WASHINGTON – While acknowledging an extended period of economic stability, a high-ranking Treasury Department official on Wednesday discussed the administration’s continued effort in rolling back post-2008 financial regulations and exploring preventive measures to head off the next financial crisis.
Earlier this month, the Federal Reserve announced the decision to raise the short-term interest rate from 1 percent to 1.25 percent, the third quarterly increase in a row and a continued signal of confidence in the U.S. economy.
The Labor Department continues to release positive reports, as well, with news this week that fewer than 300,000 Americans (241,000) applied for unemployment benefits for the 120th consecutive week, a streak last topped in the early 1970s.
Amid this period of stability, the administration is exploring ways to roll back financial regulatory policies the Obama administration put in place after the 2008 financial collapse, most notably key reversals to the Dodd-Frank Wall Street Reform and Consumer Protection Act.
The House in early June approved the Financial Choice Act, a piece of legislation that would reverse course on many Dodd-Frank reforms, including the removal of liquidation authority measures in favor of adding Chapter 14 bankruptcy options for large financial institutions. Republicans have vowed to end the era of “too big to fail,” while Democrats have called the legislation the “Wrong Choice Act” and a return to the irresponsible Wall Street practices that led to the financial meltdown. The Dodd-Frank measures face stiff opposition in the Senate, however, as Republicans do not have the 60 votes needed to advance the reforms.
Following an executive order from President Trump in February, the Treasury Department in June released its first significant report laying out the White House’s plans to scale back what it sees as burdensome regulations that stifle economic growth. Two more reports – on U.S. capital markets and asset managers – are expected in mid-September.
Craig Phillips, counselor to Treasury Secretary Steve Mnuchin, said on Wednesday that the next financial downturn could have markedly different sources than the 2008 crisis, so the administration is taking a systematic look at preventive measures, while also reversing course on a regulatory bar that was heightened “inappropriately” after the collapse.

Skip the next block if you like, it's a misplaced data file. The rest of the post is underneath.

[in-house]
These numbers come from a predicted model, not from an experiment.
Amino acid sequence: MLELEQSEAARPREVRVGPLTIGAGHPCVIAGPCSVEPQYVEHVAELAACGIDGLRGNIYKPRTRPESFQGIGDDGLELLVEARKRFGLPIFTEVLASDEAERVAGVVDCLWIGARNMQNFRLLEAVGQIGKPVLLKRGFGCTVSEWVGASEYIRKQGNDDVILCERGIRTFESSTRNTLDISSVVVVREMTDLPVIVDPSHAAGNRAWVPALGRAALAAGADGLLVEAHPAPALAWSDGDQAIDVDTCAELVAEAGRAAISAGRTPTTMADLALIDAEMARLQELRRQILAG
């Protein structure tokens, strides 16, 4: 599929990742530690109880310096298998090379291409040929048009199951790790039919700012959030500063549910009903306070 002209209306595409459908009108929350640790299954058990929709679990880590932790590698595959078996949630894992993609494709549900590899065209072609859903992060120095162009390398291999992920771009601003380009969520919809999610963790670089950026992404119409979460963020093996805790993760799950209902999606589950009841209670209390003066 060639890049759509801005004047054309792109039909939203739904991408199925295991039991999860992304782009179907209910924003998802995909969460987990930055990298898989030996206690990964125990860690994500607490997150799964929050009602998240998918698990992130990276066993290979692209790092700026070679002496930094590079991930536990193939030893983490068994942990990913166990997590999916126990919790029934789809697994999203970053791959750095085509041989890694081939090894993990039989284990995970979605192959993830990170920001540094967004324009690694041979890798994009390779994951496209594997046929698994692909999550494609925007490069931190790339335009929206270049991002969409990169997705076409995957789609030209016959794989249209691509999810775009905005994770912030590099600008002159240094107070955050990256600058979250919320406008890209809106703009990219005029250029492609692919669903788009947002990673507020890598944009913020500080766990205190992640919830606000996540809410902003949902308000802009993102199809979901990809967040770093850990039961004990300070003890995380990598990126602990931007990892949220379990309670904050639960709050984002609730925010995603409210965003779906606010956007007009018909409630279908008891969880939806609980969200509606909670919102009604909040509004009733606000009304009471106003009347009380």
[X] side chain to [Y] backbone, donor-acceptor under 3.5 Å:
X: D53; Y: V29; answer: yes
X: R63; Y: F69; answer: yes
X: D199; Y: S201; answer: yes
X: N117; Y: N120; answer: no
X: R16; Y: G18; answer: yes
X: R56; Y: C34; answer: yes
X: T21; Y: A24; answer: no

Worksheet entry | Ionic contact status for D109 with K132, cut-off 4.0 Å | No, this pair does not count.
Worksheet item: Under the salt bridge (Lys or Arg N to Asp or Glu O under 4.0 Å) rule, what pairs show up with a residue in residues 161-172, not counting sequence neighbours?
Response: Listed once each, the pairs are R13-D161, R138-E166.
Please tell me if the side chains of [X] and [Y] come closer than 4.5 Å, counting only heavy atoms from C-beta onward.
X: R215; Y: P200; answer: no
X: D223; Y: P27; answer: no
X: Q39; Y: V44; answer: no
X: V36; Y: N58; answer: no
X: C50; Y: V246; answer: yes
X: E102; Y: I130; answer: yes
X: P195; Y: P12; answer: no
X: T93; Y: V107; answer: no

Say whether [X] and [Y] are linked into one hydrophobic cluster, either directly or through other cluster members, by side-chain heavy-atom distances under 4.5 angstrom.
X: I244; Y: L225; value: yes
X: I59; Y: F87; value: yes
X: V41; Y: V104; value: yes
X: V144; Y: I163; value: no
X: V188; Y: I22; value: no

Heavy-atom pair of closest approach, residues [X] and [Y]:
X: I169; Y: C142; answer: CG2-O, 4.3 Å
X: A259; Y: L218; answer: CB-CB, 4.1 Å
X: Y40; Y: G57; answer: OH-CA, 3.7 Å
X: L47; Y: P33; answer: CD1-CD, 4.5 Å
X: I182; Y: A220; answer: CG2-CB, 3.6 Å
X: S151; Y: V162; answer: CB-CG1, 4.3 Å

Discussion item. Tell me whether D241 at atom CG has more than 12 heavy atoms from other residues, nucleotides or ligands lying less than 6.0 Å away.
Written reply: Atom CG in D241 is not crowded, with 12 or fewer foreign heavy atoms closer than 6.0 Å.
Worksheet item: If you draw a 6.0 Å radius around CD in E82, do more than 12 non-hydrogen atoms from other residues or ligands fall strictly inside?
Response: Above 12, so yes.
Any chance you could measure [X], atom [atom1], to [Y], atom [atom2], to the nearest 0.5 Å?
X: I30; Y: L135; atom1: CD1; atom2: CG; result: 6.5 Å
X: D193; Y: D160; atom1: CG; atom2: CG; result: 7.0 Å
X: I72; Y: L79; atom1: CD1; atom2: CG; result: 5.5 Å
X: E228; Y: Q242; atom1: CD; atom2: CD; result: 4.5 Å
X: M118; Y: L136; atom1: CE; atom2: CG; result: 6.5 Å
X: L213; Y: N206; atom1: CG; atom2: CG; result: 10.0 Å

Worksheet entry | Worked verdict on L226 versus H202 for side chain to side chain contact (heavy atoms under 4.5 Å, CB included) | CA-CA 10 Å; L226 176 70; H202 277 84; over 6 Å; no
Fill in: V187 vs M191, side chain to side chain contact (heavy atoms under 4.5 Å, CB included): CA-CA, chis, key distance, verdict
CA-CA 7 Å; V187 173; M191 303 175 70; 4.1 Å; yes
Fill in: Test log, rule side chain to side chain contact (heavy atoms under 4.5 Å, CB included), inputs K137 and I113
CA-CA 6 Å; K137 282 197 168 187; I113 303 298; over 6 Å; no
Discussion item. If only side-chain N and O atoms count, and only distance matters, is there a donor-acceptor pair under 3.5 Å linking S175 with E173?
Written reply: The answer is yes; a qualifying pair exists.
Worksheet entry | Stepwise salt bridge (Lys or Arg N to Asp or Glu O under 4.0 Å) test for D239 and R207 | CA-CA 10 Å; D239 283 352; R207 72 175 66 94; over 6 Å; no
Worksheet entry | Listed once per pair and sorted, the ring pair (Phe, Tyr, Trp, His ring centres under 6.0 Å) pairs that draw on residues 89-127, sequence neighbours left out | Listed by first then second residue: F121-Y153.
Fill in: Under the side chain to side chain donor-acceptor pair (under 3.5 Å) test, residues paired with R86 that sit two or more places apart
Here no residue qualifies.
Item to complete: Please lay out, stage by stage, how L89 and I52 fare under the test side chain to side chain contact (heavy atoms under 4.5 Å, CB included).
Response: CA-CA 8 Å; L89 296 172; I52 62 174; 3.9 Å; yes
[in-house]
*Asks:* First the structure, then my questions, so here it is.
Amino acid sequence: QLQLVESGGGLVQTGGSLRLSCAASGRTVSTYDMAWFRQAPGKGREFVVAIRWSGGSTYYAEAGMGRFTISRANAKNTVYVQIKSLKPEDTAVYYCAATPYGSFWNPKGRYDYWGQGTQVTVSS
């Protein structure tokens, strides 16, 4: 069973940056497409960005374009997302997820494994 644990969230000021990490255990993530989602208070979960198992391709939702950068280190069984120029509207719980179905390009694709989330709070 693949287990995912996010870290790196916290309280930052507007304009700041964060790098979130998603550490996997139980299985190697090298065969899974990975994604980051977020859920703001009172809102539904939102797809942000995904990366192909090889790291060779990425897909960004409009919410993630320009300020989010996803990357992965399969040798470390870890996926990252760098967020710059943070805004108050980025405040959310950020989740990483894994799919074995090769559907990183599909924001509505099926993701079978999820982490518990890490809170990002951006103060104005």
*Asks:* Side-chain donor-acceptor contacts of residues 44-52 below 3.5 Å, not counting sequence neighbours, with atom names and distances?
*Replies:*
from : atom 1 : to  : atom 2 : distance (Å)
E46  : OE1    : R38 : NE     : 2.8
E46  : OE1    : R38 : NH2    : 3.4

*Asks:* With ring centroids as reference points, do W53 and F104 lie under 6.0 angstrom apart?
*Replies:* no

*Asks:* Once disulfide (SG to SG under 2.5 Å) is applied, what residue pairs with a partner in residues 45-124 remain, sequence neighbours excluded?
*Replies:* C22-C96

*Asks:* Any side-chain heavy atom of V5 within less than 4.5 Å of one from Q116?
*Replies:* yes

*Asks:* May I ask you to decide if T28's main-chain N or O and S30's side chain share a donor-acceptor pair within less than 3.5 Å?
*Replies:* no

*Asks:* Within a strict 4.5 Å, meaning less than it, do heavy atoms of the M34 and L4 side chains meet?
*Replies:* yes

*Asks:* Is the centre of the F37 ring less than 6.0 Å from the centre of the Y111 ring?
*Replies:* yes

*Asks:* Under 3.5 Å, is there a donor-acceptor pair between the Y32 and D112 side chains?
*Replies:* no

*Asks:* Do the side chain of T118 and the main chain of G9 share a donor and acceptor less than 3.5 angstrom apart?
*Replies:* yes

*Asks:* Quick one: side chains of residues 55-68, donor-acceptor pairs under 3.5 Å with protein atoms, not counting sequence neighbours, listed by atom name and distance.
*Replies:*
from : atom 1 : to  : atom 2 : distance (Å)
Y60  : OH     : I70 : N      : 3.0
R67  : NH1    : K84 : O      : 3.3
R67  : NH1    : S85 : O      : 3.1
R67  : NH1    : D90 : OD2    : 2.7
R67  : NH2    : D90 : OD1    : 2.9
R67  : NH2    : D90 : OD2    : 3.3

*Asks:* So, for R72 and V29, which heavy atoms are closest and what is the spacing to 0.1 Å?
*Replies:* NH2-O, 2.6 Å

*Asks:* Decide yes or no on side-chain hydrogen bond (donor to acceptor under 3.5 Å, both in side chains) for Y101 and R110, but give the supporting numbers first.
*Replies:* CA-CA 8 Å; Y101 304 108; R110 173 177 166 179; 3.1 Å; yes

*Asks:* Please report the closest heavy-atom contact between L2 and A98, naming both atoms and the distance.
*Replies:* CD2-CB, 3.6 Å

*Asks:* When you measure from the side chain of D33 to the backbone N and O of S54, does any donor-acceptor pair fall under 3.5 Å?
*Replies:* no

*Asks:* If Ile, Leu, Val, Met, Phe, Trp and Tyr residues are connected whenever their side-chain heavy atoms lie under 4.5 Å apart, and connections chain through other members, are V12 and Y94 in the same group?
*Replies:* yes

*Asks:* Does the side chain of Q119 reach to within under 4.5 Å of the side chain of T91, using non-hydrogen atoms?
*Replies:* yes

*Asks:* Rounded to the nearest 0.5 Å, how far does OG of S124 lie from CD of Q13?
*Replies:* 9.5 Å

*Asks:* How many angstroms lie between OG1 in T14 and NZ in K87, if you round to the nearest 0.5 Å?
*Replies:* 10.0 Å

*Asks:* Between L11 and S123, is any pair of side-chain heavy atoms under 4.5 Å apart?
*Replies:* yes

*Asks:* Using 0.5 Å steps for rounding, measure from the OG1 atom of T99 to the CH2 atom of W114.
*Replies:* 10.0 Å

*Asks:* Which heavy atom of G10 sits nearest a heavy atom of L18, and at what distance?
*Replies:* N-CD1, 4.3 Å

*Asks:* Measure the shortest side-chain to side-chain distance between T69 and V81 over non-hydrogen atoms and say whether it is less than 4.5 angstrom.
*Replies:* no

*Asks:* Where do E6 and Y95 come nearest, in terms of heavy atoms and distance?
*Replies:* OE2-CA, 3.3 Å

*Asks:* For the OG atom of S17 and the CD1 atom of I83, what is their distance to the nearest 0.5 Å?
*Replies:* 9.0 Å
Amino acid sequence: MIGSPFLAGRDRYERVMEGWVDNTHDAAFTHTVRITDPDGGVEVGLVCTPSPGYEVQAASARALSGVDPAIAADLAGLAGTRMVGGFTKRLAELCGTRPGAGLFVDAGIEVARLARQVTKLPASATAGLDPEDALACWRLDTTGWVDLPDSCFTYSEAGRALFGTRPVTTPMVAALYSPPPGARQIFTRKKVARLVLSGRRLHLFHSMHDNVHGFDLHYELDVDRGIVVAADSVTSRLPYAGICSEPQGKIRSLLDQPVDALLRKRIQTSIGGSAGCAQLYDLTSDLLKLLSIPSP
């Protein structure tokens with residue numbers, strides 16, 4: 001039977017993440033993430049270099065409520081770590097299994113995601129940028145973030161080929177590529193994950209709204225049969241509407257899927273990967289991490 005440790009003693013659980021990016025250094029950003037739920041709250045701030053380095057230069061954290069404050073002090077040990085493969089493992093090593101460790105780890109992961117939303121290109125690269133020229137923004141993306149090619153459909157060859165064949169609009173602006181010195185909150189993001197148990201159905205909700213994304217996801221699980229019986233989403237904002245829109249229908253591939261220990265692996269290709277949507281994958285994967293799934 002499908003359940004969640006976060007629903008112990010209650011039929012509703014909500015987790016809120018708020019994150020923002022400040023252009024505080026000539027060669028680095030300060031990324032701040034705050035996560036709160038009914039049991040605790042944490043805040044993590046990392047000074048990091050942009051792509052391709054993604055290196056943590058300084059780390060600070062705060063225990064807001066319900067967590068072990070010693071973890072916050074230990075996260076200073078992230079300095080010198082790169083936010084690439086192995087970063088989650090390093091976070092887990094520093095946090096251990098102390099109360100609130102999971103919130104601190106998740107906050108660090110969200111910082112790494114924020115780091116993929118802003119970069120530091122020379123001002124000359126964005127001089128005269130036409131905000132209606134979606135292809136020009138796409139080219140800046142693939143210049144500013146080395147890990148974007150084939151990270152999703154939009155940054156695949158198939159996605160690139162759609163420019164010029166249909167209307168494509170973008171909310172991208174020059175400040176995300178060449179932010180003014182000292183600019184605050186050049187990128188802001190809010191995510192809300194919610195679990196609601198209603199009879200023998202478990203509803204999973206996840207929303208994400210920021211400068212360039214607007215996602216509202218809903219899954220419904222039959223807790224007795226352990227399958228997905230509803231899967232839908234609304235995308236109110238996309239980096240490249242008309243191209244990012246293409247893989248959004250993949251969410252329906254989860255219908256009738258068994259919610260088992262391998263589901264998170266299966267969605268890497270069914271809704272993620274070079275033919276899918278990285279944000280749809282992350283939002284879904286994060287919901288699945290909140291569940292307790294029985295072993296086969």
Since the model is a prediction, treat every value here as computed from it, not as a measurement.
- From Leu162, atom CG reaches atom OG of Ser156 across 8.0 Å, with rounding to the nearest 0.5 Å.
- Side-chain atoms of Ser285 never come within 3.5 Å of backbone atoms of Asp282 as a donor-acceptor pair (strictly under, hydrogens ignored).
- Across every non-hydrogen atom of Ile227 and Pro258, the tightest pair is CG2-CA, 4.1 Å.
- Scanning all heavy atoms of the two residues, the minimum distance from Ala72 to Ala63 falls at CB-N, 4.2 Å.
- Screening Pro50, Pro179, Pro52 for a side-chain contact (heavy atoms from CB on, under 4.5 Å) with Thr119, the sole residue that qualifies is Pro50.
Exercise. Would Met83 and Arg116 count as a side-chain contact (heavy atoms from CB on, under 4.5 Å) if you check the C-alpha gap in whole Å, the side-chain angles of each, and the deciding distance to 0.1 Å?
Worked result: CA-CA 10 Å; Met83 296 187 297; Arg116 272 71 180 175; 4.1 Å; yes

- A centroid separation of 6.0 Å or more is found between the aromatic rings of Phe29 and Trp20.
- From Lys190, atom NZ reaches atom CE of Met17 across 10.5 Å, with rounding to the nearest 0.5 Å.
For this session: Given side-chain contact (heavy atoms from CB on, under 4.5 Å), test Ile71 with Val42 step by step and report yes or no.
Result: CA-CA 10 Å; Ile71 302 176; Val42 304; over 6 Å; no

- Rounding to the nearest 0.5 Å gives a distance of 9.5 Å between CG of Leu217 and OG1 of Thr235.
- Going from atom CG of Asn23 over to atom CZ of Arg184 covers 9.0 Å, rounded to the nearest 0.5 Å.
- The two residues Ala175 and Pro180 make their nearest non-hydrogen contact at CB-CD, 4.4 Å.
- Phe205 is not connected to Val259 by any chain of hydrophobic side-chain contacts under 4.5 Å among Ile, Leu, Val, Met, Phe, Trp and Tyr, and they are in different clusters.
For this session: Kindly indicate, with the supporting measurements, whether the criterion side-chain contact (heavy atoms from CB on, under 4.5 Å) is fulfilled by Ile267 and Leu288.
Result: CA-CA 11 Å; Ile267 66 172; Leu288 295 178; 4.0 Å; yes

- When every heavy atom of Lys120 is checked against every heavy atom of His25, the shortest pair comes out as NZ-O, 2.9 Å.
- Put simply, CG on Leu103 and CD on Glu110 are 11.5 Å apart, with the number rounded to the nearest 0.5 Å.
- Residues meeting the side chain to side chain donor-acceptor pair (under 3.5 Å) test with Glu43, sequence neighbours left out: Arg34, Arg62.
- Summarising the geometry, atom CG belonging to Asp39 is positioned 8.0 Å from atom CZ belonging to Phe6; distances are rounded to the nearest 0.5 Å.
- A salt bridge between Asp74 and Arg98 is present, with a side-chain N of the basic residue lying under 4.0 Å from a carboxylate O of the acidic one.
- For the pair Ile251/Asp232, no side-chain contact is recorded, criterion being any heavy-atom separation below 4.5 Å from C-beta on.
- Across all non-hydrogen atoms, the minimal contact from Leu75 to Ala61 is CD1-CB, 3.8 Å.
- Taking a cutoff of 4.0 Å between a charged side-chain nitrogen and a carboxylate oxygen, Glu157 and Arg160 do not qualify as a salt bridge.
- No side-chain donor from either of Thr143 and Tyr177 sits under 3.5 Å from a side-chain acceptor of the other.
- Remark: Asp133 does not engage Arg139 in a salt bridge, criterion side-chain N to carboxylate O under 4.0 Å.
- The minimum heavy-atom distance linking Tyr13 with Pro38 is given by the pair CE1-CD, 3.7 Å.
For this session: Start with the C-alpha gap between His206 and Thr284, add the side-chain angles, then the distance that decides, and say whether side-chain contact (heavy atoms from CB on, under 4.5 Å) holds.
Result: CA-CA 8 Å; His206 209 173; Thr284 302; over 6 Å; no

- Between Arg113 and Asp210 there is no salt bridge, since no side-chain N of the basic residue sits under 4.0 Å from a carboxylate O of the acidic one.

“Should our regulatory focus be on trying to pick the company that’s causing the problem, or look at the systematic risk that’s there and have better regulation?” Phillips asked during a Financial Services Roundtable discussion. “The bias is that the next crisis comes from different sources than the last crisis, and we have to manage the regulatory risks accordingly, but I think now you have some balance in the economic conditions around the world and generally balance in the financial system and the ability of these financial systems to attract capital, equity capital. And that capital is critical to actually support its growth. So I’d say we’re fortunate to be in a period of some relative stability around the world and our U.S. companies are doing quite well competitively.”
Republicans on the House Financial Services Committee praised the Treasury Department’s report released in June, saying that it mirrors much of what is found in the Financial Choice Act.
“Our economy, our financial services industry – we need to be able to get some things changed. And if the administration is willing to lead on these things, we should be willing to work with them and figure out how we can get a lot of this done,” committee member Rep. Blaine Luetkemeyer (R-Mo.) said Wednesday.
Key reforms proposed for Dodd-Frank include significant changes to the Consumer Financial Protection Bureau, an organization the Obama administration deployed to police deceitful financial practices in the aftermath of the Great Recession. The office has won about $12 billion from financial institutions for 29 million consumers since 2011, and has served as an advocate for veterans, who are commonly scammed. The Choice Act would subject the office to the congressional appropriations process and allow the president to remove the director at will. Opponents say the Choice Act would effectively dismantle the agency. Luetkemeyer said the proposed changes would rein in an agency that has too much unchecked discretion over the financial sector.
“They refuse to define the word ‘abusive,’ and as a result, anything they see out there, they classify as abusive, whether it is or not. They make the definition up as they go,” he said. “There’s no other agency in federal government that doesn’t have checks and balances on it, except the CFPB.”